GRAND RAPIDS, Mich. (WOOD) - In February, Target 8 discovered used cars sold in West Michigan with faulty airbag systems or no airbags at all. Now, Target 8 is finding out if state lawmakers are doing anything about it.
Arturo Esquivel parked his car and wouldn't drive it after he saw the February Target 8 investigation.
The investigation prompted Esquivel to get his airbags checked out. Mechanics told him that not only were there no air bags, but the light bulb that lights up the no air bag warning signal was also missing.
Esquivel bought his car at Lee Auto Export in Grand Rapids.
In February, Lee Auto's Molly Ly told Target 8 that she never sold a vehicle without air bags without telling the customer, but one driver told Target 8 he had no idea his vehicle didn't have an air bag when he bought it and filed a lawsuit.
The state investigated Lee Auto after an airbag complaint and put it on a two-year probation for other violations involving record-keeping.
Ly recently told Target 8 over the phone that Esquivel knew what he was buying. But, she said, since the February investigation, she now puts it in writing when a car doesn't have working air bags.
"And I didn't suspect anything until I actually saw the WOOD TV8 report saying that Lee Auto was selling autos without air bags," said Esquivel. "And I thought, 'Oh my gosh, I could be one of those people.'"
Esquivel isn't alone. Since February, several people contacted Target 8 via ReportIt after finding they didn't have air bags in their car.
So who's protecting you?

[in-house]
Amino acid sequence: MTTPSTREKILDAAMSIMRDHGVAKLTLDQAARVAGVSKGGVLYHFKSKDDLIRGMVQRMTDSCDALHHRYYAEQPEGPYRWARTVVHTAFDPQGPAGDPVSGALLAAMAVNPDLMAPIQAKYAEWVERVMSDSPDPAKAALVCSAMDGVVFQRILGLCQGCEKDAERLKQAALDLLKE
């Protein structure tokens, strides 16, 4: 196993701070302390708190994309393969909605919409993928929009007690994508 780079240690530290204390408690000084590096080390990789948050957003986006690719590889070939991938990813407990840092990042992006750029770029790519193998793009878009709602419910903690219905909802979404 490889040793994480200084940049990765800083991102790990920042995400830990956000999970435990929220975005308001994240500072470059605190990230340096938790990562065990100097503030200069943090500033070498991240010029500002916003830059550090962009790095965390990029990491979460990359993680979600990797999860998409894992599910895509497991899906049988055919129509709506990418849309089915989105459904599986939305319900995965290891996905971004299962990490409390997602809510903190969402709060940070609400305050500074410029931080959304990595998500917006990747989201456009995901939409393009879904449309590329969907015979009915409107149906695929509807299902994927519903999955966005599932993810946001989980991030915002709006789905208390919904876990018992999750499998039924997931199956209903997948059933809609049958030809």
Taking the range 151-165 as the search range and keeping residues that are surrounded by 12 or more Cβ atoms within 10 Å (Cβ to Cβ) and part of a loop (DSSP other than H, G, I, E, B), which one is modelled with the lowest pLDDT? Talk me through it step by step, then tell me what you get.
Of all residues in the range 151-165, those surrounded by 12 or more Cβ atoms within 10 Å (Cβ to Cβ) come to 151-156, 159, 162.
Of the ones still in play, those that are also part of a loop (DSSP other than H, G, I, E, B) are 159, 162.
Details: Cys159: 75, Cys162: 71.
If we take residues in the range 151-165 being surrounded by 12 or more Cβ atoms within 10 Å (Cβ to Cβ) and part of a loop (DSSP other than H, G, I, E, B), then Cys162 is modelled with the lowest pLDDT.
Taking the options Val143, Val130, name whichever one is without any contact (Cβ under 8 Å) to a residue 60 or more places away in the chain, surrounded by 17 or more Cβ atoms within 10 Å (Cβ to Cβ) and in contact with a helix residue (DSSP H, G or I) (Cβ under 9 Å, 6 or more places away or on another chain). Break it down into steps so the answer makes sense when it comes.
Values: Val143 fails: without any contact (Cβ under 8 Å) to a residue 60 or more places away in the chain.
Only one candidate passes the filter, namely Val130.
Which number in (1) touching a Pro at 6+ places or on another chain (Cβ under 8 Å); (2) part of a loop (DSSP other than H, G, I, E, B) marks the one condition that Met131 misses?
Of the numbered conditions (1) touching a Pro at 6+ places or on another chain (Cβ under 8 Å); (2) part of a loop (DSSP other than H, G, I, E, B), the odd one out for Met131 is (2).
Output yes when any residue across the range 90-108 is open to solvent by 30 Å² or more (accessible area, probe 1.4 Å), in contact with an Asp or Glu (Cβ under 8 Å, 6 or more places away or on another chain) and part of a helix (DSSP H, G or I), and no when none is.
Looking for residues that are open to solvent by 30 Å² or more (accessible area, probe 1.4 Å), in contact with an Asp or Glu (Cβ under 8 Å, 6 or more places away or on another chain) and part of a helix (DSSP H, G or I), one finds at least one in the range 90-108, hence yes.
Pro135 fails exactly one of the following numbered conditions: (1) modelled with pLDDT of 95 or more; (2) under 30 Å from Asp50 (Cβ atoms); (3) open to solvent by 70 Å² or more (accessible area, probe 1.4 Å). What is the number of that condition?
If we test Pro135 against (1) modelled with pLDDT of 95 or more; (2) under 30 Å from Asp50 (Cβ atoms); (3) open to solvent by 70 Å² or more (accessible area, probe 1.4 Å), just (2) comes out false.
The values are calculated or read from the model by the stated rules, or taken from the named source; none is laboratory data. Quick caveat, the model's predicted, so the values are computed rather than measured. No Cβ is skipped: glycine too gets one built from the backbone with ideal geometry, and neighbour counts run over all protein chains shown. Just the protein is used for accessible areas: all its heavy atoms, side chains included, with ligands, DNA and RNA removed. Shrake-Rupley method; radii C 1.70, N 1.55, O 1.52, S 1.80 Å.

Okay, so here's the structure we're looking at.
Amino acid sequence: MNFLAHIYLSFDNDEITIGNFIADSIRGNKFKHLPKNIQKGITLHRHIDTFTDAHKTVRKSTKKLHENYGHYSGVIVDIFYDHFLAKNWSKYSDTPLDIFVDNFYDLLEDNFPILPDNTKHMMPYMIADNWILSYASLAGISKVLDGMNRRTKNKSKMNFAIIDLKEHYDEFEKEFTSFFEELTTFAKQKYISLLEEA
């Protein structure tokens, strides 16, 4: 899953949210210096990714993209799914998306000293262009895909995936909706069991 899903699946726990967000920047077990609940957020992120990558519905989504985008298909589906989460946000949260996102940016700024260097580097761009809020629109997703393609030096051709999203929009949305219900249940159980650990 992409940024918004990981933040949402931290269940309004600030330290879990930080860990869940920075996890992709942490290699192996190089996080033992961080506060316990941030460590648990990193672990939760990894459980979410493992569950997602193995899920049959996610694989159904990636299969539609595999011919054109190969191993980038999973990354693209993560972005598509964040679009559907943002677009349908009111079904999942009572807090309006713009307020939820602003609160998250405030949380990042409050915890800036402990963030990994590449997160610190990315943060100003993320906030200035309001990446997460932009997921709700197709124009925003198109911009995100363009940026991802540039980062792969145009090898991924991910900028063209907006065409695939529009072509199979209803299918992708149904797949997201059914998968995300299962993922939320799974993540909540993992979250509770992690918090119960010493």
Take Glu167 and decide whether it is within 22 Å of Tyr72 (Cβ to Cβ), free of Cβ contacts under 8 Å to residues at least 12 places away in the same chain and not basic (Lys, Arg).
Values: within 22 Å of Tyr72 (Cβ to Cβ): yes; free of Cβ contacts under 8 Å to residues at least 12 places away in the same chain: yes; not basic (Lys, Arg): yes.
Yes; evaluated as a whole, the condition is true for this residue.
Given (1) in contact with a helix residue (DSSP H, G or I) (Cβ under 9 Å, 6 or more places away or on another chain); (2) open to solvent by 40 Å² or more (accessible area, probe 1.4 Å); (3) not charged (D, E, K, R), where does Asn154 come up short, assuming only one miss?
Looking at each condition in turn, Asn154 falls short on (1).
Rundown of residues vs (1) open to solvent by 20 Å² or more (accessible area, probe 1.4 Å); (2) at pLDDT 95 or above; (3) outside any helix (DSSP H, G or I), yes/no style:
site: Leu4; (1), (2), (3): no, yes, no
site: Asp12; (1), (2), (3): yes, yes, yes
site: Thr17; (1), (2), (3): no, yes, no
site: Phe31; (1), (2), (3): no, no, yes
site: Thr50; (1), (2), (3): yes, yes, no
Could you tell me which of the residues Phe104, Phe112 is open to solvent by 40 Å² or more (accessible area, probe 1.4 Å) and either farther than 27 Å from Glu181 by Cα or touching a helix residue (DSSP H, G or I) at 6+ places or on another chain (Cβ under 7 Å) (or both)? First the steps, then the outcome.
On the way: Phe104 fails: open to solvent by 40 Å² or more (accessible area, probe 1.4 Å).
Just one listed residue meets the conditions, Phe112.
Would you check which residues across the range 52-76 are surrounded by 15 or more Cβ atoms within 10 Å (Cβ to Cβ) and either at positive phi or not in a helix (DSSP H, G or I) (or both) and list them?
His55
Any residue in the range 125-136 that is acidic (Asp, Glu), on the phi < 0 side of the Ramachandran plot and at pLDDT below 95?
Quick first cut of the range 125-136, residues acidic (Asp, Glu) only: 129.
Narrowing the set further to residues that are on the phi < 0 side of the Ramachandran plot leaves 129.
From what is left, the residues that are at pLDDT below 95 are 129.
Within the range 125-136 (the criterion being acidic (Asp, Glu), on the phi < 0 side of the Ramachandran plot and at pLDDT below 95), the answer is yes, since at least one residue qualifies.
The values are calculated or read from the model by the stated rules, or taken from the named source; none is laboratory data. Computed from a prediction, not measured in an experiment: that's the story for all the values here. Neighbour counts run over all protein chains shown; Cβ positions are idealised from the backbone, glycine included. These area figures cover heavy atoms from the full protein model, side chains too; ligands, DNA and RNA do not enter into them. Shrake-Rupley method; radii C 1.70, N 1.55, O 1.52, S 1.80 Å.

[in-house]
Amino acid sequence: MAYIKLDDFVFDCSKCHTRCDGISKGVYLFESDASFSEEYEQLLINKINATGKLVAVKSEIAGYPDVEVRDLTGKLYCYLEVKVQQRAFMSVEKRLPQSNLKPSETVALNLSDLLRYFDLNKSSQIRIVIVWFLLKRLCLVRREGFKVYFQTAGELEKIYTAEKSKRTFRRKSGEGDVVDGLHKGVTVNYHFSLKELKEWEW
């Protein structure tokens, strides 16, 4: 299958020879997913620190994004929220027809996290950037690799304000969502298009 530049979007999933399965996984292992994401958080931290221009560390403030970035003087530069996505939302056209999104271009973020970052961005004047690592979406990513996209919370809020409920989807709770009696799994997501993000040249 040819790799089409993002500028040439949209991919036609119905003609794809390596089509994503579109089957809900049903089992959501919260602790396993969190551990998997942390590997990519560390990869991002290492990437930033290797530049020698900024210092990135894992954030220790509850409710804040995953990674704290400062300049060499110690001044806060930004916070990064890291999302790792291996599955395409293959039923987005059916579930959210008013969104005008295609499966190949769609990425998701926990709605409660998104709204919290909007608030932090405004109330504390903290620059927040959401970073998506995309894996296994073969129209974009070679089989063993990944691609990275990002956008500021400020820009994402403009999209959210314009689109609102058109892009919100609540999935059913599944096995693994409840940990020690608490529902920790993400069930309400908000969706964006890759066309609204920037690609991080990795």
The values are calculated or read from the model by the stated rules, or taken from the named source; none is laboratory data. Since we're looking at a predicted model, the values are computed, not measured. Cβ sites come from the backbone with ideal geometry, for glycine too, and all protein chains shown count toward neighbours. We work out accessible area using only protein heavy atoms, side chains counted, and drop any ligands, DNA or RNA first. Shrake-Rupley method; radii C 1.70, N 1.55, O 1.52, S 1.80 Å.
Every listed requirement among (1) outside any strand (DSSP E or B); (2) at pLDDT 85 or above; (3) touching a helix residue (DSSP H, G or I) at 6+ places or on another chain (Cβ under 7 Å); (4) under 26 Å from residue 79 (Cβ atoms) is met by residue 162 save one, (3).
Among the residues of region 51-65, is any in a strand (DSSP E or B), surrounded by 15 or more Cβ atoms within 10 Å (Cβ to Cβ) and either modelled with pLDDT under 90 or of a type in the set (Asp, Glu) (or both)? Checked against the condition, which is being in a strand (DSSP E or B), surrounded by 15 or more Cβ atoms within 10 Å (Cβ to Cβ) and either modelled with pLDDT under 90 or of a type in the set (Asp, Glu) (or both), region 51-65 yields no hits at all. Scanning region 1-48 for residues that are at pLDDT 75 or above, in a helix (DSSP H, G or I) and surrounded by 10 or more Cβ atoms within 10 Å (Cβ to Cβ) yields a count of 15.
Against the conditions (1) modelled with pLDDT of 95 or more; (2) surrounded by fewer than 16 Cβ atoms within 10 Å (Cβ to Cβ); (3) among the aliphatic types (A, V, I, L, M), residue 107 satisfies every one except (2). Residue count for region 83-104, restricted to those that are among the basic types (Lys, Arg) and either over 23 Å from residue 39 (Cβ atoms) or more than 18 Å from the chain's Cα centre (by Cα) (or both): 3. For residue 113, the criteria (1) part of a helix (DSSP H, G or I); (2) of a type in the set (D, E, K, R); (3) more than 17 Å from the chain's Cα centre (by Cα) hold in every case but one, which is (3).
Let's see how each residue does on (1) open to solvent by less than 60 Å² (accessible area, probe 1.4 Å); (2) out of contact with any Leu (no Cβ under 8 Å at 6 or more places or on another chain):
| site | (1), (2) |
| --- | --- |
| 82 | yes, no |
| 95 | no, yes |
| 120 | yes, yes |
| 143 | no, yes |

A high-profile case in California prompted lawmakers there to step up. In 2008, 18-year-old Bobby Ellsworth was killed in a crash. His air bags didn't deploy and investigators found the airbag compartment stuffed with paper. The owner of the auto body shop responsible later committed suicide.
Since then, California and other states including Florida now prohibit dealerships from selling cars without air bags.
But Michigan has no such law and nothing in the works.
"I think in Michigan we say the people can make their own decision on whether they want a car with air bags or not," Secretary of State Ruth Johnson told Target 8. "I think giving the people the right to make the decision is important."
Johnson said her office will fine and even take a dealership's license away for dishonest practices. But it's up to consumers to file a complaint for the state to investigate.
"To say that there's air bags and there's not, that's egregious," said Johnson. "And it is against the law."
AAA traffic safety manager Jack Peet said a new law may have an impact on safety, but likely wouldn't be practical.
"It would be a very hard law to enforce," explained Peet. "I'm not necessarily a proponent of just automatically doing a law. There are other options."
Peet said forcing dealerships to put in writing that a vehicle doesn't have working air bags could be the better route. That's the way Rhode Island has combated the problem.
Target 8 reached out to several lawmakers for comment, but all declined to weigh in on the subject.
When the National Highway Traffic Safety Administration studied about 1,500 deadly crashes, one in five vehicles had no air bags. They'd never been replaced after a previous crash.
CarFax keeps tabs on cars that have had deployed air bags.
Experts recommend taking a used car to a dealership that has certified mechanics to work on that brand's air bag system and have them inspect it before you sign the final papers.
"It could be the decision whether you live or die in an accident," said Esquivel. "That's what they're there for. It's a safety issue."
He said he'll check everything before he closes the deal on his next car.
Air bag basics
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